Thursday, September 29, 2011

Suddenly remembered

I suddenly remembered Noah writing this:

The recessions of the early 1980s were very short and "V-shaped," despite the extremely low rate of TFP growth at the time... By contrast, the early-2000s recession, though shallow, was much longer and "U-shaped", despite the recovery in TFP growth.

"TFP" being "Total Factor Productivity" which doesn't matter at the moment.

Noah's evidence was this graph:

Graph #1

Apparently, we can be quite literal here and look at the white space under the blue data line at the peaks. The tallest spike on the graph comes at the 1982 recession and that spike is very narrow indeed, compared to the two lesser spikes that follow it. Those lesser spikes occur at the 1990 recession and the 2001 recession.

Thus, not only "the early-2000s recession" but recessions since 1990 have been much longer, and U-shaped: 1990, and 2001, and 2008. Dunno where I read that; Krugman or somebody pointed it out before. However...

Graph #2 the time the Civilian Unemployment Rate gets back down to the "natural" rate of unemployment, all the recessions since 1974 have spikes that widen out quite a bit. But let's set this objection aside for now.

Let's assume the Noah/Krugman/Arts-bad-memory analysis is correct. Let's assume it's true that recessions since 1990 have been longer and U-shaped and different than recessions before 1990.

I suddenly remembered Noah writing that, because I saw this:

Graph #3: Corporate Debt 1949-2011

Flat spots in business debt following the 1990 recession, the 2001 recession, and the 2008 recession. Flat spots like that don't show up after earlier recessions, even in close-up:

Graph #4: Corporate Debt 1949-1993
The slightest wiggles appear after the 1974, 1980, and 1982 recessions. Bare hints of what was to come. Y'know, I'm thinkin, Graph #3, with the flat spots after the last three recessions, this is better evidence than Noah's graph for the claim that recovery no longer follows quickly on the heels of recession.


Jazzbumpa said...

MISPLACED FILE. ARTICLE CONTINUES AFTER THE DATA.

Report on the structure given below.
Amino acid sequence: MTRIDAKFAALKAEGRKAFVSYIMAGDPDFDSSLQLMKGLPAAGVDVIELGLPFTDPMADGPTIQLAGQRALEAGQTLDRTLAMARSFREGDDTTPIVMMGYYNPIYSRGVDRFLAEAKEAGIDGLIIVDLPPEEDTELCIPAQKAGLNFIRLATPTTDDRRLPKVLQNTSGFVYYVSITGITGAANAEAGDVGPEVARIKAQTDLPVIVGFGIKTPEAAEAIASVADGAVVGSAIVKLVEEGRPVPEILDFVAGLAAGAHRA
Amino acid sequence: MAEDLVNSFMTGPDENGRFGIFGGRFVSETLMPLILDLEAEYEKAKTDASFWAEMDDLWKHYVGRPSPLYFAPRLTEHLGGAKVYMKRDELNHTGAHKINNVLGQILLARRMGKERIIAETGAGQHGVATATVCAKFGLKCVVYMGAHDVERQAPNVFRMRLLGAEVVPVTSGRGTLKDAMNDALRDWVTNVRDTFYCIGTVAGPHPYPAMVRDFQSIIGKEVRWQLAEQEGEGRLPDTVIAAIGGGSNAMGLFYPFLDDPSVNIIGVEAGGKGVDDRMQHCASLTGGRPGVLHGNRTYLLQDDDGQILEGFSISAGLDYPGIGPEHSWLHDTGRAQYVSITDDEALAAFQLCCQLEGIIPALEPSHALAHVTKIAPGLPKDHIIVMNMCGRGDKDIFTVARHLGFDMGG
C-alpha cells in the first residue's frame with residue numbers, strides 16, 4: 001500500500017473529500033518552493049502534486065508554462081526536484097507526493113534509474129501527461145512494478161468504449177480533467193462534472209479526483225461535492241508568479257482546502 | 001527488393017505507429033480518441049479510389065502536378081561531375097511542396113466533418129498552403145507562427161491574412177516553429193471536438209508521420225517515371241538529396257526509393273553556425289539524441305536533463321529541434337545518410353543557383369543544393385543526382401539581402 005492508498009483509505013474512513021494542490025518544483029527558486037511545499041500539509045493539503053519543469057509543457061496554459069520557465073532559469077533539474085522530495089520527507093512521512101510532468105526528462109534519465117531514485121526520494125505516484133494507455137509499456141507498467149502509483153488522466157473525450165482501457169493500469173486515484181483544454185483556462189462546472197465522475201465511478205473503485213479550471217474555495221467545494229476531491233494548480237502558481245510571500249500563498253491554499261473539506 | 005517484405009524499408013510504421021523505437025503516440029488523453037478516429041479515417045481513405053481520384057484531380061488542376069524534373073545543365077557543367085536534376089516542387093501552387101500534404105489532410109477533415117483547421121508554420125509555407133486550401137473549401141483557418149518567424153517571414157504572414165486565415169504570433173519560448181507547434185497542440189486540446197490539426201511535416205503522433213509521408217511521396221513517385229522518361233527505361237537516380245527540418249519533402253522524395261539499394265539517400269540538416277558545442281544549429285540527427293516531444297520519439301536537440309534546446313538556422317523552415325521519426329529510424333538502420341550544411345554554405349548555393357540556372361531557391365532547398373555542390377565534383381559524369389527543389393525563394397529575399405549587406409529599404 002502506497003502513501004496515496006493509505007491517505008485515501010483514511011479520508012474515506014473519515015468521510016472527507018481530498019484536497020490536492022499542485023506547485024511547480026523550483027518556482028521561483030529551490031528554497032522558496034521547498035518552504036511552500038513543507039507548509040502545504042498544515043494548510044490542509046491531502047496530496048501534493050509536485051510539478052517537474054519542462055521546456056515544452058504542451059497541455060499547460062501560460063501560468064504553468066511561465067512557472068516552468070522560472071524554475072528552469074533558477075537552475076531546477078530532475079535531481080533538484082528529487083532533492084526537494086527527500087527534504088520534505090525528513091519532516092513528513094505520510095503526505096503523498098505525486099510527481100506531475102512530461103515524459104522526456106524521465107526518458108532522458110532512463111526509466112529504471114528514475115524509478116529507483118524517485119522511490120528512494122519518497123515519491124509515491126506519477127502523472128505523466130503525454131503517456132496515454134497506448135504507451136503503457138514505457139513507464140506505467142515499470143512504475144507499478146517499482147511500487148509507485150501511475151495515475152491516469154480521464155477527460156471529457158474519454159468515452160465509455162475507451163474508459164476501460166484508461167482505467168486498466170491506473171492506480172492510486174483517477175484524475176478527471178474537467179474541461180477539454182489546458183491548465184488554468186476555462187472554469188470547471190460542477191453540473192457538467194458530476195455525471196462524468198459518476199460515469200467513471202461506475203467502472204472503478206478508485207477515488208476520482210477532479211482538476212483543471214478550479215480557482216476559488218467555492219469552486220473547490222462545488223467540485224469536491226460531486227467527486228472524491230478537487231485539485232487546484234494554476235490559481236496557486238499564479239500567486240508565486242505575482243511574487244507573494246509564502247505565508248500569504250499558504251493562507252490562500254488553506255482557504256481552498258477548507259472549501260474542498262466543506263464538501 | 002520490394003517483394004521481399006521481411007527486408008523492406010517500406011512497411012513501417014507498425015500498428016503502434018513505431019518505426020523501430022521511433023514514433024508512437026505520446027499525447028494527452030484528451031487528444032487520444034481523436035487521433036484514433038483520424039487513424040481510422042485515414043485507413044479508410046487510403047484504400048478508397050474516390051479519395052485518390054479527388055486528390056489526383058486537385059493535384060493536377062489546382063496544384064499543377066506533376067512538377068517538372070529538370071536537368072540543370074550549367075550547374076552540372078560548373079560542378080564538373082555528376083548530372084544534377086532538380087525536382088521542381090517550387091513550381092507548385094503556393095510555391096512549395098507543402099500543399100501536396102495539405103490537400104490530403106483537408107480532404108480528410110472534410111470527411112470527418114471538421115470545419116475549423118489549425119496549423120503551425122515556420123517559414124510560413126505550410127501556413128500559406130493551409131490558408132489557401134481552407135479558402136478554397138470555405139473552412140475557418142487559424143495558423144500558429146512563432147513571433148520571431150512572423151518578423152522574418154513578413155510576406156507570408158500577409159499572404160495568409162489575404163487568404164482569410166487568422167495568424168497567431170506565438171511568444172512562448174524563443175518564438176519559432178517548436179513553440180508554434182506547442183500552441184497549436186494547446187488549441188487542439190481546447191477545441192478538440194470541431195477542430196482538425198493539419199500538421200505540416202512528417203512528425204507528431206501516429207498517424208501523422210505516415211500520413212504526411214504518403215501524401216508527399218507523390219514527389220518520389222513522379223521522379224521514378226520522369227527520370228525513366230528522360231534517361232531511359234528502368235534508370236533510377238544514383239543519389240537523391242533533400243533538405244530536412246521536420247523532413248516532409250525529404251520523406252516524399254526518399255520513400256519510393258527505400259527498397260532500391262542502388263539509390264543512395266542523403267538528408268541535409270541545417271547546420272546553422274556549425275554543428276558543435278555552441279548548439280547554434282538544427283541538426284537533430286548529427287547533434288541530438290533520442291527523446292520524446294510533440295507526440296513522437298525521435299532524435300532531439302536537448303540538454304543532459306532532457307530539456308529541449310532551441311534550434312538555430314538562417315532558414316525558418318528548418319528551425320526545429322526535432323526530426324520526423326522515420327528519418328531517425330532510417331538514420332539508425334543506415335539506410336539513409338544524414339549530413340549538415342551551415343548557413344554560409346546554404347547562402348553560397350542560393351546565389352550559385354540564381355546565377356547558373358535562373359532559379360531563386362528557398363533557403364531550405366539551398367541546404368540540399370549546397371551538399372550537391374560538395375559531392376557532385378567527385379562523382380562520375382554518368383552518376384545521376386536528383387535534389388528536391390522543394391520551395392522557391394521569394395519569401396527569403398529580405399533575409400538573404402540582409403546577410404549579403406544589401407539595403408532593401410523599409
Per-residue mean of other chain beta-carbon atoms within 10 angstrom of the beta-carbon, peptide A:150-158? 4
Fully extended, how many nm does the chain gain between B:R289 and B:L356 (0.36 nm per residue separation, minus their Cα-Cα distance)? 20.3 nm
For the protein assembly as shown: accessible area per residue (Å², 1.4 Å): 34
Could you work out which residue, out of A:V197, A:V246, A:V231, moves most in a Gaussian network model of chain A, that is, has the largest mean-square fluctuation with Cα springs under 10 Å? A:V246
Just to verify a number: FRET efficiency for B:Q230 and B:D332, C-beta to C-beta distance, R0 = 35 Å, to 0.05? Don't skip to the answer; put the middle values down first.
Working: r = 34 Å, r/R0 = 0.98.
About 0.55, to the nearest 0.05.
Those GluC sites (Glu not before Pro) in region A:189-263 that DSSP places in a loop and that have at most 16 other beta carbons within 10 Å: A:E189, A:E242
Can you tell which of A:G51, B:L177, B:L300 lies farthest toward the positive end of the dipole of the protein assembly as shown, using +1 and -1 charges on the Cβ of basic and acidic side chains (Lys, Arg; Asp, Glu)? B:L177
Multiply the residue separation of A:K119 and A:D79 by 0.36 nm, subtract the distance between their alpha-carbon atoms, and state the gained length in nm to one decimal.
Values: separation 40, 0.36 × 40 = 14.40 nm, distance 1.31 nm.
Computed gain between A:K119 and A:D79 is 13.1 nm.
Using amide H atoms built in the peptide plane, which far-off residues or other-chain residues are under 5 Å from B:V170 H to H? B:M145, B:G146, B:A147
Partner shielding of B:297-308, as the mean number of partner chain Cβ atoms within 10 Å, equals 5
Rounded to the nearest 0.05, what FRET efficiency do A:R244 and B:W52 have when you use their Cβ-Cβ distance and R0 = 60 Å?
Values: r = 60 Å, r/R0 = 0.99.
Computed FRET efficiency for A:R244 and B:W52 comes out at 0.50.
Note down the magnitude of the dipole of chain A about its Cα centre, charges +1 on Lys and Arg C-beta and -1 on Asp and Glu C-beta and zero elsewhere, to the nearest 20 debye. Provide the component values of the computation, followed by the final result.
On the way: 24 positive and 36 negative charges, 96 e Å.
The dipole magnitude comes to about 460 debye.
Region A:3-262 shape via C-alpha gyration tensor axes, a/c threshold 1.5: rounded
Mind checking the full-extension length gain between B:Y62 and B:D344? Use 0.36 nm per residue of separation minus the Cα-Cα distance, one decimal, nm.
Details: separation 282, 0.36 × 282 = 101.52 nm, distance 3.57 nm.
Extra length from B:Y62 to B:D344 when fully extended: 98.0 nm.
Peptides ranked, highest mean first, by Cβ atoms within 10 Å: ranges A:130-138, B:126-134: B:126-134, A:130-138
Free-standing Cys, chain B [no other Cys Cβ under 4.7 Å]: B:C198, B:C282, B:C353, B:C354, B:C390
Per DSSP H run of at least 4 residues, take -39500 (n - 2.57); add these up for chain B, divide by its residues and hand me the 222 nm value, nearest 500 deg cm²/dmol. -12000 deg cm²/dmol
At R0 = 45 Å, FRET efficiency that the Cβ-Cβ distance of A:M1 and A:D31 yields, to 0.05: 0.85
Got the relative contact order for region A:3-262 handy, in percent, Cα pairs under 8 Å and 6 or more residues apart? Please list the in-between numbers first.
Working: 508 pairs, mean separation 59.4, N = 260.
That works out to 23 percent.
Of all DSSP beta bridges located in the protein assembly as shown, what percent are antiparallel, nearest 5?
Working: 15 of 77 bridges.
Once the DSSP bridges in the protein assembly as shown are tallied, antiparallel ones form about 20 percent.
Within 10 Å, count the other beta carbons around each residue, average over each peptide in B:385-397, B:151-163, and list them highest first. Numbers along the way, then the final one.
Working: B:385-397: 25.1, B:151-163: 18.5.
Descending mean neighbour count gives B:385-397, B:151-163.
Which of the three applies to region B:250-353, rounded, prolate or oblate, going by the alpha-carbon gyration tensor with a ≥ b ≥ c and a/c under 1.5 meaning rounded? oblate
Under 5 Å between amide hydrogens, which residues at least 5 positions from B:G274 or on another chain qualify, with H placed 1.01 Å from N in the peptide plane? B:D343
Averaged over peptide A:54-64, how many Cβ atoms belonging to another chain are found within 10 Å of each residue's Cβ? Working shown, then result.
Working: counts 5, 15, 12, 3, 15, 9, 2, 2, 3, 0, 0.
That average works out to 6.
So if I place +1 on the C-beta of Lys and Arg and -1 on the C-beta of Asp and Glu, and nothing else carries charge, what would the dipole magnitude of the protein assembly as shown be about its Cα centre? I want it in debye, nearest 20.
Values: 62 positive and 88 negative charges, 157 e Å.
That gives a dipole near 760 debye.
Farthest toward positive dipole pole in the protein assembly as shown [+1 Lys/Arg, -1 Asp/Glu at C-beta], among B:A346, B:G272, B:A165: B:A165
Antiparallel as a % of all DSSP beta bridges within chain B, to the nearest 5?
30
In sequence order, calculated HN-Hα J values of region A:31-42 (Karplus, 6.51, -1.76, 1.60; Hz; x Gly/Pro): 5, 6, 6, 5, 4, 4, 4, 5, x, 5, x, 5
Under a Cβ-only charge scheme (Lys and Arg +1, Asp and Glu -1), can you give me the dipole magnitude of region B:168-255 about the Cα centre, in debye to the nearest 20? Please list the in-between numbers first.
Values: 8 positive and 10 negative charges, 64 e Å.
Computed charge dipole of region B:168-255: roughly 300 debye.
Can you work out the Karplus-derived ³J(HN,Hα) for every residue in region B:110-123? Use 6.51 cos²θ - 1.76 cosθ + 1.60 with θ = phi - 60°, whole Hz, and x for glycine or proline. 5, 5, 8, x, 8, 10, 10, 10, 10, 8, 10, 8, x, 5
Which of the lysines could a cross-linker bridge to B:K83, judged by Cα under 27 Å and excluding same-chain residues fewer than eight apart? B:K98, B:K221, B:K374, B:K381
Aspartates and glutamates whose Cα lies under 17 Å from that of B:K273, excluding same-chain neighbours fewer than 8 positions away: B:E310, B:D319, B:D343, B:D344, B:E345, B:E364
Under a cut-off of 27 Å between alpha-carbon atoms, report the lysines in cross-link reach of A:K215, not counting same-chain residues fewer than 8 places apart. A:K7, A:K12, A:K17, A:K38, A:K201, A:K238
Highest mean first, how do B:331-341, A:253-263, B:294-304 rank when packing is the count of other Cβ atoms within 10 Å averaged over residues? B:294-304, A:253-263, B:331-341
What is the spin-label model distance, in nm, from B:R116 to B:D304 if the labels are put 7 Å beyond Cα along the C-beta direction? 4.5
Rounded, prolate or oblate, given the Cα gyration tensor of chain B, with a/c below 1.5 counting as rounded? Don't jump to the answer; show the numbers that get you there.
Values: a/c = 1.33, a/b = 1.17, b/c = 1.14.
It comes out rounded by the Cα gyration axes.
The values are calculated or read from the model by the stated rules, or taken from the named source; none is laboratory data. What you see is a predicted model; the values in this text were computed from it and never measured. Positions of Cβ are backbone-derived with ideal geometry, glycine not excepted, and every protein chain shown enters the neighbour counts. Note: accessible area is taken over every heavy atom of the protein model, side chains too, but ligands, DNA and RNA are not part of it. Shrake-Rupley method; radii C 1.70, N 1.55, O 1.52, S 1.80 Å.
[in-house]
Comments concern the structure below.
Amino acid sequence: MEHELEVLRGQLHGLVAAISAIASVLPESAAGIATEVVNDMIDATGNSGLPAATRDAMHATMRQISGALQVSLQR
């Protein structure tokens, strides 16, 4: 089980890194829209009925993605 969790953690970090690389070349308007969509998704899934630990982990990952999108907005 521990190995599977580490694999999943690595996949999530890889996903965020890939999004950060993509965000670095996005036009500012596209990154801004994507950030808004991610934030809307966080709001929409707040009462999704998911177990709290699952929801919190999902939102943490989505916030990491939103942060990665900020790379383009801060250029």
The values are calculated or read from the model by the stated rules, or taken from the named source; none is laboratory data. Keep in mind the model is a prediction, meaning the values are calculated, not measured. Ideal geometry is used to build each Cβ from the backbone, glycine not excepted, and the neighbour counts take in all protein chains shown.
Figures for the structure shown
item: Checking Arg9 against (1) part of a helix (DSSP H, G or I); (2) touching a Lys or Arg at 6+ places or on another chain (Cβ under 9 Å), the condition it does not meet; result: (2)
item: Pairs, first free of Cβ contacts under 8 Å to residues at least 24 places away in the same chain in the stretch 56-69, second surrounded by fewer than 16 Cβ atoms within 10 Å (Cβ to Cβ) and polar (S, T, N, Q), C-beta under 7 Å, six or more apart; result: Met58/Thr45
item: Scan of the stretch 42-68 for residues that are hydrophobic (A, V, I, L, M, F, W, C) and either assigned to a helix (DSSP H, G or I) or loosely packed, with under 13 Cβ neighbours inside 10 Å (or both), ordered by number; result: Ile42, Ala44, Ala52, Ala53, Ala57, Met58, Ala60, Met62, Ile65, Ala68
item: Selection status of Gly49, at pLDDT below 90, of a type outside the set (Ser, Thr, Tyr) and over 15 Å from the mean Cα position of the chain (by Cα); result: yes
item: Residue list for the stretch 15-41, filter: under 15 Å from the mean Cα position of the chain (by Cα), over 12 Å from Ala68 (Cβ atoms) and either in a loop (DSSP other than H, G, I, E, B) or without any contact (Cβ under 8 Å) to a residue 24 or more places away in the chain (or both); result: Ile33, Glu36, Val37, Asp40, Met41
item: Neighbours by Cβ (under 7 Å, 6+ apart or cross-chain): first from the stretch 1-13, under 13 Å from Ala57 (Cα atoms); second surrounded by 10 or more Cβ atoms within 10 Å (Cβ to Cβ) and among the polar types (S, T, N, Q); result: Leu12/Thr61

Several thoughts, in no particular order.

I'm pretty sure it was Krugman.

I think a high R sq number on a quasi-exponential plot is false validation. I'm going to guess that since the range of numbers is so great - in this case something quite small early on to 7 trillion more recently - that sizable deviations from the idealized curve - as your charts so aptly demonstrate - simply don't register. I suspect R sq is intended for linear plots.

Re graph 2, the part of the curve above NROU shows dramatically how phony the prosperity of the 80's really was. Especially considering that NROU bumped up then.

I'm quite convinced now that the right way to look at a quasi-exponential time series is YoY % change. This normalizes everything.

Consider this. Generally higher highs and higher lows through about 1982. Since - much longer periods and broad, deep troughs. Peaks might be on the decline as well, but with only two to go on, it's hard to tell.

What is unmistakable is that growth has slowed dramatically since the 1982-ish peak. This is the inevitable failure of exponential growth.


The Arthurian said...

Jazz, yes, broad deep troughs after '82 on your FRED graph. And they line up perfectly with the three flat spots on my Graph #3. And with Noah & Krugman's slow recoveries.

Some of that pre-1982 growth on your graph would have been inflation, I'm thinking. So now, the mind turns to making an inflation-adjustment to the debt numbers. Again.

But it's too late in the day to think about it now.